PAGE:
Cricket Star Danushka Gunathilaka’s Assault Case Questioned Over Unconventional Police Documentation

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The court case involving allegations of sexual assault against international cricket personality Danushka Gunathilaka has come under scrutiny, following a police officer’s confession that she documented the allegation on scrap paper, which was subsequently discarded.

Gunathilaka, known globally for his cricketing prowess, is currently embroiled in a criminal trial before the Downing Centre District Court. The Sri Lankan star has maintained his innocence, pleading not guilty to a single count of non-consensual sexual assault.

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The charge stems from an incident in November of the previous year, in which Gunathilaka allegedly engaged in ‘stealthing’ – secretly removing a condom during intercourse – with a woman in her eastern Sydney residence. Their initial encounter transpired at the Opera Bar, adjacent to the Sydney Opera House, where security footage revealed their mutual embrace upon meeting. Subsequently, the duo shared drinks in the city before returning to the woman’s home via ferry.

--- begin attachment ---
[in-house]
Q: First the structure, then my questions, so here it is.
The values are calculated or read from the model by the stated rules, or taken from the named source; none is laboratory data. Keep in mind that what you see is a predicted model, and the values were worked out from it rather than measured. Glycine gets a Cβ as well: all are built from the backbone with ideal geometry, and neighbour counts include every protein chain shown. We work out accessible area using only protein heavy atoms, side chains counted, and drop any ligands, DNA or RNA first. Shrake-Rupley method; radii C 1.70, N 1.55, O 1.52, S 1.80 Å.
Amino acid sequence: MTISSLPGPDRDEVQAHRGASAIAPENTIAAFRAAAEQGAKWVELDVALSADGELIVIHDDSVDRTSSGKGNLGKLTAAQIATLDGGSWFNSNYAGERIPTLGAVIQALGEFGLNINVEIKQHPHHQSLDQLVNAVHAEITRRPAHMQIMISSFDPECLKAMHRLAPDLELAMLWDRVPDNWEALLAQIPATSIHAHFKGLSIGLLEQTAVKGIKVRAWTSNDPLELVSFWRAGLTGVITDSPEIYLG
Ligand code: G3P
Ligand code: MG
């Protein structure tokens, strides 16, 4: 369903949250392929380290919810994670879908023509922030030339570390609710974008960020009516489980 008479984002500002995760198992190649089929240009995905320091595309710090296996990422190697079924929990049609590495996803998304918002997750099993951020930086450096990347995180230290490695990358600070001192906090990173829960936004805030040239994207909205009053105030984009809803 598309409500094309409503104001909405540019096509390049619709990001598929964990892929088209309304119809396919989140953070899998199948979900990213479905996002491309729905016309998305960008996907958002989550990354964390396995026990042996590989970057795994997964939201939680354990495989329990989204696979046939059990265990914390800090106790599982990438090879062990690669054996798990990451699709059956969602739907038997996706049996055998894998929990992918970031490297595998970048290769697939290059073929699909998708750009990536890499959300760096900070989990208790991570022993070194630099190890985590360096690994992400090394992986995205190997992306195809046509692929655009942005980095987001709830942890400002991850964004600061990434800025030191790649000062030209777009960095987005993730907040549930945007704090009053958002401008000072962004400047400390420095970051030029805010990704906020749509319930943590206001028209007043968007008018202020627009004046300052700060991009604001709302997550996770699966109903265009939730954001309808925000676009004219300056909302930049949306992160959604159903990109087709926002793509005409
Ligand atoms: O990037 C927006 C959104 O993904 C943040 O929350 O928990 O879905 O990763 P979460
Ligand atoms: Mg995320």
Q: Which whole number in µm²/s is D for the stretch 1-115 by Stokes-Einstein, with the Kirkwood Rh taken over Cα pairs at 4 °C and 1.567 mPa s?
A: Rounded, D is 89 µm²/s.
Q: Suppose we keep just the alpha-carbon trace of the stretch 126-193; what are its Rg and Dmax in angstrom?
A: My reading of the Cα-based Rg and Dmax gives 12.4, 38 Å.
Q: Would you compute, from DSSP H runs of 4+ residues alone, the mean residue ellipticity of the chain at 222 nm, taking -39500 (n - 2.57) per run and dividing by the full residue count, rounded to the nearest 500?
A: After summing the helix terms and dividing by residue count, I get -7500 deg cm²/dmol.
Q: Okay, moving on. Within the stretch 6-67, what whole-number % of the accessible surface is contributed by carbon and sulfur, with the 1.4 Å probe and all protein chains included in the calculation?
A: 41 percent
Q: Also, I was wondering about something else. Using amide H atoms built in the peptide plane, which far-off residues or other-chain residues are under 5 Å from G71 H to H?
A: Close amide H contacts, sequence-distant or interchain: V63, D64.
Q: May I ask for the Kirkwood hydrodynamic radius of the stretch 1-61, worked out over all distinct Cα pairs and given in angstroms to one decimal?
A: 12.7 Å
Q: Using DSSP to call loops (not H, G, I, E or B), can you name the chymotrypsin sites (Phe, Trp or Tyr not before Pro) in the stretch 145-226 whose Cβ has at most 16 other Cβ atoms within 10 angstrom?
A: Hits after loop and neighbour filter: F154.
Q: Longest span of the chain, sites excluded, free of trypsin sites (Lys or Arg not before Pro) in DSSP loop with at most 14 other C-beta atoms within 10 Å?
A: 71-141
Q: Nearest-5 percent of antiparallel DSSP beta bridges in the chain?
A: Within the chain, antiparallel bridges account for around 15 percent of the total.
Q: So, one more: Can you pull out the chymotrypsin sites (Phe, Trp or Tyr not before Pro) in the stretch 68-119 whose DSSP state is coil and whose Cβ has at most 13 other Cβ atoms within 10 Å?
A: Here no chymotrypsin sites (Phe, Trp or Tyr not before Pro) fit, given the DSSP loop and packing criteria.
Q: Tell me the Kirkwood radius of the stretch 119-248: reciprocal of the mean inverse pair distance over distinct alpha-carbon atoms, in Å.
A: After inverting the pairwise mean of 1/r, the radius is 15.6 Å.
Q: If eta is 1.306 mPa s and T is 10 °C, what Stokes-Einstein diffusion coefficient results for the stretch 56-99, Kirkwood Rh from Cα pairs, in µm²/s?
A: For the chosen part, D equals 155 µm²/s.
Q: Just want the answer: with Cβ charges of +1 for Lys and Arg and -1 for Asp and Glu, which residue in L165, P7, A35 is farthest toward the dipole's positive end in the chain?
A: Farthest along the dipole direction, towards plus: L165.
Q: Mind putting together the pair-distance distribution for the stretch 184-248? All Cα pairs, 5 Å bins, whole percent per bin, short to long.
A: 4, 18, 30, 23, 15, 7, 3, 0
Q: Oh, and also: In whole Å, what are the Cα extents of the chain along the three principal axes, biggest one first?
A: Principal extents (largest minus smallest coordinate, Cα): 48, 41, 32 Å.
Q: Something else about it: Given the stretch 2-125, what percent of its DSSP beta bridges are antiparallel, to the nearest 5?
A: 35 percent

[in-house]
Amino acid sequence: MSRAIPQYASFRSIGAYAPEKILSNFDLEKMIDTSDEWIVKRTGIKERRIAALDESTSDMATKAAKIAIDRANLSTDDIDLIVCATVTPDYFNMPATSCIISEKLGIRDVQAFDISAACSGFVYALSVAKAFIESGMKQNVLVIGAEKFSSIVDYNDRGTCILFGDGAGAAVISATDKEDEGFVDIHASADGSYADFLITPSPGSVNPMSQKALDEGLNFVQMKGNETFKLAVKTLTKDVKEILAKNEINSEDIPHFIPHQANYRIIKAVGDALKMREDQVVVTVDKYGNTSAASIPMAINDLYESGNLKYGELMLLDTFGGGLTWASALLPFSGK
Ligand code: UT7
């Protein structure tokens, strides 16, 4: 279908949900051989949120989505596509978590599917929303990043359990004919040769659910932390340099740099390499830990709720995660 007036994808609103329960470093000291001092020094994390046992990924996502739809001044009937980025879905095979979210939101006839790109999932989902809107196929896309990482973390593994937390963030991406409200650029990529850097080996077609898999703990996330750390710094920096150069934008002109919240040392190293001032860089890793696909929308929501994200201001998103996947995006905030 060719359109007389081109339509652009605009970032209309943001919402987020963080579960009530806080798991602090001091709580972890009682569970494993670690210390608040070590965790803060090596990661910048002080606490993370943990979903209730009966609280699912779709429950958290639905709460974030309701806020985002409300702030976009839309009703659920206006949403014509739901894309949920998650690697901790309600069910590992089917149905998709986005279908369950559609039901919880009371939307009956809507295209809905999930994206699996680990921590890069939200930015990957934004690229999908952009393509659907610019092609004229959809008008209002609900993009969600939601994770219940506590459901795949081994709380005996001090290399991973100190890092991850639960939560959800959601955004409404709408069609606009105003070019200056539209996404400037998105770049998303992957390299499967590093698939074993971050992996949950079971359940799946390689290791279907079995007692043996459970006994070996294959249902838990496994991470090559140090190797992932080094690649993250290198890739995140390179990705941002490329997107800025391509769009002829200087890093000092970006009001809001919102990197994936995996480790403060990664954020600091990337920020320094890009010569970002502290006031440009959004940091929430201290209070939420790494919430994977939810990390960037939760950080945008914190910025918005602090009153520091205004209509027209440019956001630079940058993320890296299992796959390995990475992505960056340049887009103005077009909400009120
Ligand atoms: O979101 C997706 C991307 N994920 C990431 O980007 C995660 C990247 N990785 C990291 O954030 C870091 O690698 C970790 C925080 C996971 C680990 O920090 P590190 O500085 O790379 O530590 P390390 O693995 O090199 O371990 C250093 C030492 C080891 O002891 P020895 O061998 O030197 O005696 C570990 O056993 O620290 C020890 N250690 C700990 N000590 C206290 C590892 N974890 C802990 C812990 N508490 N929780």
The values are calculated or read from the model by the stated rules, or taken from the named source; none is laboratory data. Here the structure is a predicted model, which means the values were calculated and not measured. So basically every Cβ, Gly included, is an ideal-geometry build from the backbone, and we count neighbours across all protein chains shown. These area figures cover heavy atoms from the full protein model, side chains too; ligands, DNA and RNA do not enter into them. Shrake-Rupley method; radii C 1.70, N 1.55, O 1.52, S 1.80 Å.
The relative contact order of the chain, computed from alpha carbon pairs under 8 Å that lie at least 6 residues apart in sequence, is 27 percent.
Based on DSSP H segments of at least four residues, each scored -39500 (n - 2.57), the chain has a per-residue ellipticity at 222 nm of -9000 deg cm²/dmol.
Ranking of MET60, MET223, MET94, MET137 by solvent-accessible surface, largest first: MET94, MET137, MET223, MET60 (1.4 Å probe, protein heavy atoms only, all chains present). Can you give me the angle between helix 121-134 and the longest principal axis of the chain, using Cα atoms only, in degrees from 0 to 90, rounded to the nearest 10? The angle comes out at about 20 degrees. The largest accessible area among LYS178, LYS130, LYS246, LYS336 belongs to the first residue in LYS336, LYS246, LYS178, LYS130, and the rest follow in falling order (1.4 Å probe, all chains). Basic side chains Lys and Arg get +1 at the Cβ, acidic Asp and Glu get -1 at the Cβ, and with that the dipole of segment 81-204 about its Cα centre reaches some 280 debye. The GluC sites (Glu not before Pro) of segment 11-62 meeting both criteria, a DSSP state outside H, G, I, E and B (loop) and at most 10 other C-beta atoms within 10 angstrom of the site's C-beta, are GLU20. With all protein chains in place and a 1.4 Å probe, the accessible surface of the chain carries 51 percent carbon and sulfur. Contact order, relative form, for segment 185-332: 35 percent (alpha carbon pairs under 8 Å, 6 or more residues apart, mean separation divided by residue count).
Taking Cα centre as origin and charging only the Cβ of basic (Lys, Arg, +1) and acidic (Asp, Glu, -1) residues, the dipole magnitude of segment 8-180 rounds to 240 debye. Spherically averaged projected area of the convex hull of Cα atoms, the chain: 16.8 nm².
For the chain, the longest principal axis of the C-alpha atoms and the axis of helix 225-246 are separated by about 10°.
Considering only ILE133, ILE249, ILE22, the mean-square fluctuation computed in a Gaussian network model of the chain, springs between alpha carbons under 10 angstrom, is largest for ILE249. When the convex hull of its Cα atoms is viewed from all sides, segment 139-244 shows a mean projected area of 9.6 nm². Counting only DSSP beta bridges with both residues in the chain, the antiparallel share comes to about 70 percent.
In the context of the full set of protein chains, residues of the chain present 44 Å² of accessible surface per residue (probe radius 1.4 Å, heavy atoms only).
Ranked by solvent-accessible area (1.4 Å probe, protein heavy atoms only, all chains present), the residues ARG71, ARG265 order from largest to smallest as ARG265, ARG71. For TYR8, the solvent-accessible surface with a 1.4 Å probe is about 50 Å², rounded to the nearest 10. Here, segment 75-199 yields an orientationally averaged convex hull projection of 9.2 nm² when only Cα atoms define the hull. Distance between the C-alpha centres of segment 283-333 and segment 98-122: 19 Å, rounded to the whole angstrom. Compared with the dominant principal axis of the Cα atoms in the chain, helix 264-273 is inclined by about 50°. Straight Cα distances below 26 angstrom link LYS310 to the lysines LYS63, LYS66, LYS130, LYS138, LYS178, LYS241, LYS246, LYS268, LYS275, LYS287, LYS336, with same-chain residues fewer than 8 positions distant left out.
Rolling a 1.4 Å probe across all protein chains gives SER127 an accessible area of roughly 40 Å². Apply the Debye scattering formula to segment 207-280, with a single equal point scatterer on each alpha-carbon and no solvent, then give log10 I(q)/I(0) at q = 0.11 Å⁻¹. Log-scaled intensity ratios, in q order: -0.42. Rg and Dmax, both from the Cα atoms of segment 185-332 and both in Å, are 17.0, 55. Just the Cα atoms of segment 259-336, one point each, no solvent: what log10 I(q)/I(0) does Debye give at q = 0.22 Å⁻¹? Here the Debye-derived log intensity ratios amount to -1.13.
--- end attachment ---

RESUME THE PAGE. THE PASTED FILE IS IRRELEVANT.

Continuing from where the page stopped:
Gabrielle Steedman, representing the Crown, informed the court on Wednesday that the woman, after discussing the incident with her friends, finally decided to lodge a police report on November 5.

The initial complaint was recorded by Constable Katrina Lackerdis of the Rose Bay Police Station. Lackerdis admitted in court that she had documented the occurrence on scraps of paper as she didn’t have her official police notebook on hand at that time.

Delineating the victim’s account, Lackerdis informed the court, “I recall the (alleged) victim telling me within a short amount of time the accused proceeded to aggressively kiss, push, slap and bite her.”

She further admitted to taking photographs of her handwritten notes and sending them to another officer assigned to investigate the case.

Not surprisingly, this unconventional documentation witnessed intensive cross-examination by Gunathilaka’s counsel, Murugan Thangaraj SC. Thangaraj questioned the officer about the importance of appropriately recording such incidents.

“I shouldn’t have but I did,” conceded Constable Lackerdis, referring to her disposal of the scrap paper notes, likely at the end of her shift.

Thangaraj was relentless in his pursuit, reminding the constable of police procedure which necessitates ‘proper’ note-taking, especially when handling public complaints.

However, in her defense, Lackerdis affirmed that her priority was to capture accurate, real-time notes, despite the unconventional medium of documentation.

Comparetively, Tuesday’s court session saw messages enlisted between the alleged victim and her friends, describing Gunathilaka’s abrupt behavioral shift during intercourse.

Nonetheless, the bone of contention remains Gunathilaka’s mindset during the act and whether he did, in fact, remove the condom without the woman’s consent.

Thangaraj insisted that his client couldn’t have engaged in unprotected sex without mutual agreement, insisting on the lack of opportunity for his client to remove the condom. On the other hand, the prosecution argues that the woman only gave consent for protected sexual intercourse.

As the trial moves forward, it will continue under the watchful eye of Judge Huggett.